Oca tuber seed markets frequented by farmers from Piccol included Pisac, Calca, Kello-Kello, all of these receiving their oca tubers from the highland communities near Pisac (about 5–10 km from Piccol) and from as far away as Paucartambo (about 80 km away from Piccol) from communities with fields at 3600 m and lower. The markets most often visited by farmers when in the city of Cuzco were Rosaspata and Puente del Ejercito whose seed sources are the neighboring communities around Piccol and other areas to the south east of Cuzco as far as Andahuaylillas (about 30 km away). Occasionally, farmers from Andahuaylas, about 150 km west of Cuzco bring oca for sale to the Cuzco markets. Farmers who can acquire tubers for seed from the markets soon after harvest have a much greater choice of tuber seeds than if they wait for planting time. A survey of local markets at harvest revealed two to three times the diversity of oca landraces than at planting (10 landraces per market day in May compared with three landraces per market day in September). At harvest, a third of the oca landraces found in Piccol were also found in Pisac but only half of those were found in the Calca market.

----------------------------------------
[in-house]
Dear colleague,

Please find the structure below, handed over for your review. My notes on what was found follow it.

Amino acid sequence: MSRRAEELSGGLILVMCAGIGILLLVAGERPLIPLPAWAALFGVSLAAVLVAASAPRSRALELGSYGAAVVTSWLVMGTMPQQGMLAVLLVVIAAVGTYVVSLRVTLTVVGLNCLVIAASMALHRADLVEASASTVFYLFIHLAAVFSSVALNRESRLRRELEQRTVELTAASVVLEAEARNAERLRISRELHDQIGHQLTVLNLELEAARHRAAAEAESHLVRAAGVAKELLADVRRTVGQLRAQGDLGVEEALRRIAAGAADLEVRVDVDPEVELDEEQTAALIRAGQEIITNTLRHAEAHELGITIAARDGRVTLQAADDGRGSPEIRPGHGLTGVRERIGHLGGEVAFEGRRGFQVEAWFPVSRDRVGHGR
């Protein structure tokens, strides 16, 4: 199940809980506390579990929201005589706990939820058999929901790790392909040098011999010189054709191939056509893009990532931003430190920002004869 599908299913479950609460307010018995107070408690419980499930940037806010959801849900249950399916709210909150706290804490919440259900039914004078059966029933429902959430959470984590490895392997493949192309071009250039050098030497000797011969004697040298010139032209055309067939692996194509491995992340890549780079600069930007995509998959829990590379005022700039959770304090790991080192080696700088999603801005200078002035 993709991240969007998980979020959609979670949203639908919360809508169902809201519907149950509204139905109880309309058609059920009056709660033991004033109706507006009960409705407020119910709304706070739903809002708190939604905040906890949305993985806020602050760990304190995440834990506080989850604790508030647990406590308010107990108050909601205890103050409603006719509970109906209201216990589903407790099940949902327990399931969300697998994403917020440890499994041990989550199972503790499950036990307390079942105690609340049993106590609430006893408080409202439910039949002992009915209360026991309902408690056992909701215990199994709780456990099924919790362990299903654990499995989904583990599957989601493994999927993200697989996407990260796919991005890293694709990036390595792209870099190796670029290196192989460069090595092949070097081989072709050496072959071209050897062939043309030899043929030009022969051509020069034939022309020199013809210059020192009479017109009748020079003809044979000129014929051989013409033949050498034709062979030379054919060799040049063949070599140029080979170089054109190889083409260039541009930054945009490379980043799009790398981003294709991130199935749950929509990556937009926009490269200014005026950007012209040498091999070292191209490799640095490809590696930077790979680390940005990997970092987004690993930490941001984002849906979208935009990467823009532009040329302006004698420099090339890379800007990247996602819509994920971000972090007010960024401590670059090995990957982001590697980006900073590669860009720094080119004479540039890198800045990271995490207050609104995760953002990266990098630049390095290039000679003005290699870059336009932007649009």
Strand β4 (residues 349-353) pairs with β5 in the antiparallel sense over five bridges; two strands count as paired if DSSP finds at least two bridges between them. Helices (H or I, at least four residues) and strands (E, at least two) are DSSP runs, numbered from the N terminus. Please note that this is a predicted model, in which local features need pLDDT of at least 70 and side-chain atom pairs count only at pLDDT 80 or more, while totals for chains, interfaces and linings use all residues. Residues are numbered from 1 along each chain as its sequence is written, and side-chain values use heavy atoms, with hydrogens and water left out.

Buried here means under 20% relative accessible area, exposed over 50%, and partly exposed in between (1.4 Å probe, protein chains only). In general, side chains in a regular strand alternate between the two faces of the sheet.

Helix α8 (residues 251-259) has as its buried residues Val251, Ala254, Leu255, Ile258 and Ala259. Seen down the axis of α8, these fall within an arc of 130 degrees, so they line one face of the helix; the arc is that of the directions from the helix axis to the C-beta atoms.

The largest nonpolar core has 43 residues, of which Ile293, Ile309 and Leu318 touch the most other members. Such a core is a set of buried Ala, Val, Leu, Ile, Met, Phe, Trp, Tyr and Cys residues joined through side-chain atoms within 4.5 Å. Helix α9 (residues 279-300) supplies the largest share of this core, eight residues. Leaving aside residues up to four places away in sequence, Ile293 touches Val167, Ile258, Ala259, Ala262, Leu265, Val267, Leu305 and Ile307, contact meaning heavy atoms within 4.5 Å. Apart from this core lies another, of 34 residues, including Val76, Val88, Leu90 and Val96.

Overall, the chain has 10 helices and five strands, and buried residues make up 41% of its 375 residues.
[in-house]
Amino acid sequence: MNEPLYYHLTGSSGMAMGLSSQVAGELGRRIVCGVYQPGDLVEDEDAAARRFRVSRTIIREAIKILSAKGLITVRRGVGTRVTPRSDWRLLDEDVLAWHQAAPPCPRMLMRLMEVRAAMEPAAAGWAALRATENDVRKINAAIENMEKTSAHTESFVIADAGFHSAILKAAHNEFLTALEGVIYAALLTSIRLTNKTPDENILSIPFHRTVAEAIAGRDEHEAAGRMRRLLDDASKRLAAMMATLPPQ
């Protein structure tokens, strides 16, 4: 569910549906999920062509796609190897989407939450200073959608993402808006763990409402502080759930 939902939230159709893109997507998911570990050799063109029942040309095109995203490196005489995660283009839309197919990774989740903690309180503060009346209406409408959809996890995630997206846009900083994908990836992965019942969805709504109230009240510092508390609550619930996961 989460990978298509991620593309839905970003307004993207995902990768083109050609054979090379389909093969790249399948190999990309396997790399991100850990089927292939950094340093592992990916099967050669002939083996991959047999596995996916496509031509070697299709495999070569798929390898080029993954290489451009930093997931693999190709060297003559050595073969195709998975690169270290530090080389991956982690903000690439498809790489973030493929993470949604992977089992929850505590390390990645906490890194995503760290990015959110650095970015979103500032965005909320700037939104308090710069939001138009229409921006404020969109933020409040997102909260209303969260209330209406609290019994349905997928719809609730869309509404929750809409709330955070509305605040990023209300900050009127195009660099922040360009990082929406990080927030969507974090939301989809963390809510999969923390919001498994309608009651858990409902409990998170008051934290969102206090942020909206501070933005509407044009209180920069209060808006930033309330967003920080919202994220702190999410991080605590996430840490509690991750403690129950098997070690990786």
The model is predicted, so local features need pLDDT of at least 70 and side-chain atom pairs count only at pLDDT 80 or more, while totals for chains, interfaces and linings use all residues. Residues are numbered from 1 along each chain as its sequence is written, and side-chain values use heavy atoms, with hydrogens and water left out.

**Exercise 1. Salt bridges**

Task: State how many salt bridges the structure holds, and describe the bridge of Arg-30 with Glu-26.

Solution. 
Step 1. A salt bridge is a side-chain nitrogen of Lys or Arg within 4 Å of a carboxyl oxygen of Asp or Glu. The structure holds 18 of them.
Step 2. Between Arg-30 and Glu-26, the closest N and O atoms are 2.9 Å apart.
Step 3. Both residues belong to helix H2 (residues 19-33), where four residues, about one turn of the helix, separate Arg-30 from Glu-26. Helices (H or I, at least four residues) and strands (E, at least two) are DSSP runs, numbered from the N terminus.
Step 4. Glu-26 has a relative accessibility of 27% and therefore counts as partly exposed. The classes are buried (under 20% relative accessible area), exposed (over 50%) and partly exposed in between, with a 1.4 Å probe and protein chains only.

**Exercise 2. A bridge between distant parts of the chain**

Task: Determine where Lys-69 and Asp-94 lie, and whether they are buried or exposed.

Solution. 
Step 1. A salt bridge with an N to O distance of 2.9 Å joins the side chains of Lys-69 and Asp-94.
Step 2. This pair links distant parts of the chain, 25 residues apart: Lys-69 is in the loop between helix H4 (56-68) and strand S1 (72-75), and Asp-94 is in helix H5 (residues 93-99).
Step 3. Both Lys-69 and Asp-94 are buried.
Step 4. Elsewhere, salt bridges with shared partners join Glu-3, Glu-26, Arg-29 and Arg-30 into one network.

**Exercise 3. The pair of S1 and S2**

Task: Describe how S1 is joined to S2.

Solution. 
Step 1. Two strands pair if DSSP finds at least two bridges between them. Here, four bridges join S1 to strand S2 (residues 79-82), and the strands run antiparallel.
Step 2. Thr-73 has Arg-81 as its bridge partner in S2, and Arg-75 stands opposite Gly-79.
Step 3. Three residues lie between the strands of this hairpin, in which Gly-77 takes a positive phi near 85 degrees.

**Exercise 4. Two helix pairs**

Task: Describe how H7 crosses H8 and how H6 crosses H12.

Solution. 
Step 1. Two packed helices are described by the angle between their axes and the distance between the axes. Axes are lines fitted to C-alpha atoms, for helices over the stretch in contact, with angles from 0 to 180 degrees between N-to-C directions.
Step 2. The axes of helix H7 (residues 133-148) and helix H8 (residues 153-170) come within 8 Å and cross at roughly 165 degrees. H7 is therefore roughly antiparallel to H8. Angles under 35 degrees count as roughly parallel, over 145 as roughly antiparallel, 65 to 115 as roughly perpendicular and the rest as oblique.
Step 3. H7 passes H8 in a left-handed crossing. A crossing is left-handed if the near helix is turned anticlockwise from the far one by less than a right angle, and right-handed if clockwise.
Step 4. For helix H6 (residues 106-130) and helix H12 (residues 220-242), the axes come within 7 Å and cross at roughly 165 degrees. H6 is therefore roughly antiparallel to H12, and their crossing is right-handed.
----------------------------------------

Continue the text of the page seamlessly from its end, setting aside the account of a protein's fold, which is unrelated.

Oca landrace turnover
The time series data in Tables 5 and 6 show that landraces flow in and out of individual collections and the community in a dynamic pattern. Table 5 shows the results of monitoring the oca stock of seven families over 4 years. Every year, very few landraces were found in every farmer’s collection (100% of farmers) and they changed from year to year (landrace N in 1996, and G and K in 1998). Moreover, not one landrace was present in every farmer’s collection over the 4 years. Looking at all the collections, over a third of the landraces (38%) were present in somebody’s collection in any one year (e.g. N, I, M, B, E, G, J, and K). Starting in 1996, initially rare landraces either became common (e.g. I, G) or decreased to the point of disappearance (e.g. C, F). More common landraces (found in four or more of the farmers’ collections) gradually spread to other farmers’ collections (e.g. M, E, and J). This seems to indicate an active diffusion of landraces within the community. In this sample of farmers, from about a quarter to a third of the landraces were found only in a few collections and were thus deemed rare. On most years, about half of all the landraces were found distributed among just a few farmers.